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Gov. Not Happy with Plans for Online Gambling in Connecticut

Posted on by John Lathram

ConnecticutProposals to expand online gambling in Connecticut have not found favor with Governor Ned Lamont, who fears they will lead to years of litigation.

Last month, bipartisan proposals to expand online gambling in Connecticut were published by the General Assembly. The “working draft” (PDF) paves the way for a third tribal casino in Bridgeport, authorizes land-based sports betting at tribal casinos, gives tribal entities the option to offer online sports gambling, and allows the Connecticut Lottery to sell tickets online.

The proposals differ from those floated earlier this year inasmuch as they corner the state´s two tribes into opening a joint casino in Bridgeport rather than their preferred location of East Windsor, and only authorize on-premises and online sports betting rather than online casinos and online poker. The only entity likely to be happy with the proposals is the Connecticut Lottery Corporation, which will now be able to sell a full range of services online, rather than being limited to Keno games and scratch cards.

The Location Issue is the Major Stumbling Block

For years, the Mashantucket Pequot and Mohegan tribal nations have been trying to open a joint casino in East Windsor on the border with Massachusetts. At present, gamblers in the north of Connecticut travel across state lines in order to gamble at the MGM Grand Casino in Springfield, and the tribes – whose casinos are located in the south-east corner of the state – want a piece of the action.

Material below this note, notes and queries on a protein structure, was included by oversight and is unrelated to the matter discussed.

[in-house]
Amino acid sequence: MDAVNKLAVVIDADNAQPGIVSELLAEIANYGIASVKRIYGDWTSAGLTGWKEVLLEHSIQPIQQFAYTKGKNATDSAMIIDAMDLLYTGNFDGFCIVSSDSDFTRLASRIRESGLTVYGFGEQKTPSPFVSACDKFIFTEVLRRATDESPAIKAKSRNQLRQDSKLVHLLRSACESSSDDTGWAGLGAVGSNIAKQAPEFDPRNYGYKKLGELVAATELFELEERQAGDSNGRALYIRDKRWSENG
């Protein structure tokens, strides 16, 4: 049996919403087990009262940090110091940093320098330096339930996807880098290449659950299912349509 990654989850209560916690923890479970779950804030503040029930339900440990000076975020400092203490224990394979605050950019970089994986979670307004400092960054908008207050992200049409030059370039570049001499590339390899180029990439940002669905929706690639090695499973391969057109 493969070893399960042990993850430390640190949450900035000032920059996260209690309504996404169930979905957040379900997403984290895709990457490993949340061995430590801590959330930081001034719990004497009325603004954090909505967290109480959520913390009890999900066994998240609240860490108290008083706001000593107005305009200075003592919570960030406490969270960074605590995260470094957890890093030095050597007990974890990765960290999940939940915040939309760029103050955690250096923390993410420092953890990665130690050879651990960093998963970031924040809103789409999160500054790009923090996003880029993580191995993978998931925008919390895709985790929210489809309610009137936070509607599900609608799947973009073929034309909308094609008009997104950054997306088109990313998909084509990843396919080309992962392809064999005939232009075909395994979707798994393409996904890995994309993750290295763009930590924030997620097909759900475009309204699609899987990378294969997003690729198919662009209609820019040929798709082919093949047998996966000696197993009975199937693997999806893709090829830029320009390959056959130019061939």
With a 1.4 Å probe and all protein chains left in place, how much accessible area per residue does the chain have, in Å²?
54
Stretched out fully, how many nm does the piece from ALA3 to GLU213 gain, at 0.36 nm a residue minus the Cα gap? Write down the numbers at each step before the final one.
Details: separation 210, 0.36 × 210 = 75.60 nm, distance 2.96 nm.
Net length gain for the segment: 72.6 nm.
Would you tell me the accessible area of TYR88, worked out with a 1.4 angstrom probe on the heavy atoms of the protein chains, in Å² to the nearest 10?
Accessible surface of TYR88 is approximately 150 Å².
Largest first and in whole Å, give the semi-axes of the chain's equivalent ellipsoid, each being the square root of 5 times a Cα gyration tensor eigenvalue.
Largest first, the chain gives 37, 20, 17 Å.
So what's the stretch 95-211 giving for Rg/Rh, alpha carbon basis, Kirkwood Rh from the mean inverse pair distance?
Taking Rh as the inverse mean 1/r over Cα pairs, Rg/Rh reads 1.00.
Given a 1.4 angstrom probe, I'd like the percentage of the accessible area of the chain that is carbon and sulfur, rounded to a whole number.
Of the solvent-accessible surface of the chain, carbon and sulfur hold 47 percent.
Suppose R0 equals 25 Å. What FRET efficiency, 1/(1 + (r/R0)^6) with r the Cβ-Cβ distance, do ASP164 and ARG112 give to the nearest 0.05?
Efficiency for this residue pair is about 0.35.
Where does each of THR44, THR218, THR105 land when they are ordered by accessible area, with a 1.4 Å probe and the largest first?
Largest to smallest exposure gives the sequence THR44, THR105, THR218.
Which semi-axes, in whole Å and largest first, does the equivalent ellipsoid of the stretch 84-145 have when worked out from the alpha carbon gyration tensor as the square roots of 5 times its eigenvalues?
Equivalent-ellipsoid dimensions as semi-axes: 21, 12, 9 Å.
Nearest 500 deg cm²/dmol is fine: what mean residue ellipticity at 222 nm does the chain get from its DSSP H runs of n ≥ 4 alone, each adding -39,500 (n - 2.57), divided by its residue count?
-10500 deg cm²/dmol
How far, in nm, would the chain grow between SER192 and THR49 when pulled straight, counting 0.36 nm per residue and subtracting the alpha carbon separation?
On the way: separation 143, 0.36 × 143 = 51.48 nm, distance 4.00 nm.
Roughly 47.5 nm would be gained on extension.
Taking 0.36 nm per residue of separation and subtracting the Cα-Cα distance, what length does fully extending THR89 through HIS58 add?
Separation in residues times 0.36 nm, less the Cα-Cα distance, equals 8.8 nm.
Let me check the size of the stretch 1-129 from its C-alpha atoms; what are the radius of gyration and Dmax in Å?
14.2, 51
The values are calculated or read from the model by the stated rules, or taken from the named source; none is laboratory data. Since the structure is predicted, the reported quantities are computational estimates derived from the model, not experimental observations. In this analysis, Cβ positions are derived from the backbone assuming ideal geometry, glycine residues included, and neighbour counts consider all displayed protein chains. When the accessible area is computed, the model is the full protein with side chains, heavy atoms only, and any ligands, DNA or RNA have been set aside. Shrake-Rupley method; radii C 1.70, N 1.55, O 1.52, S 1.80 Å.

The MGM obviously doesn´t want the competition, and the casino lobbied hard to prevent approval for the East Windsor casino being granted by the U.S. Department of the Interior, which has the final say over changes to state/tribal compacts. However, by the time approval was denied, the two tribes had already sunk more than $20 million into the project which they are not prepared to walk away from.

Several Alternate Locations Have Been Suggested

Several alternate locations have been suggested. Bridgeport – in the south-west of Connecticut – would give the tribes access to gamblers from New York, but New York´s brick-and-mortar casinos are struggling to meet ambitious revenue projections, and the two tribes don´t want the new casino located adjacent to an already over-saturated market.

As a compromise, Governor Lamont has suggested the XL Center in the state´s capital of Hartford. This would give the tribes access to a larger customer base and is only twenty-six miles from the MGM Grand Casino in Springfield, so would achieve the objective of attracting gamblers currently crossing the northern state border. However, the tribes have shown no interest in investing in the site, which also hosts concerts, minor league hockey, and University of Connecticut basketball games.

Where the Litigation is Likely to Come From

Almost certainly MGM will contest the placement of a casino anywhere close to its existing customer base in north Connecticut. The company has said in the past it will “vigorously advocate in the courts” for a competitive process in the selection of a new casino location and insist on its constitutional right to conduct business in Connecticut.

A slightly smaller threat of litigation will come from SportTech. The company operates Connecticut´s sixteen off-track betting facilities and an online betting service, and believes if the tribes are permitted to offer online sports betting, it should be as well. As Governor Lamont is apprehensive about both sources delaying an expansion of online gambling in Connecticut, he has indicated he wants to resolve the two company´s complaints before allowing the recently introduced proposals to go any further.

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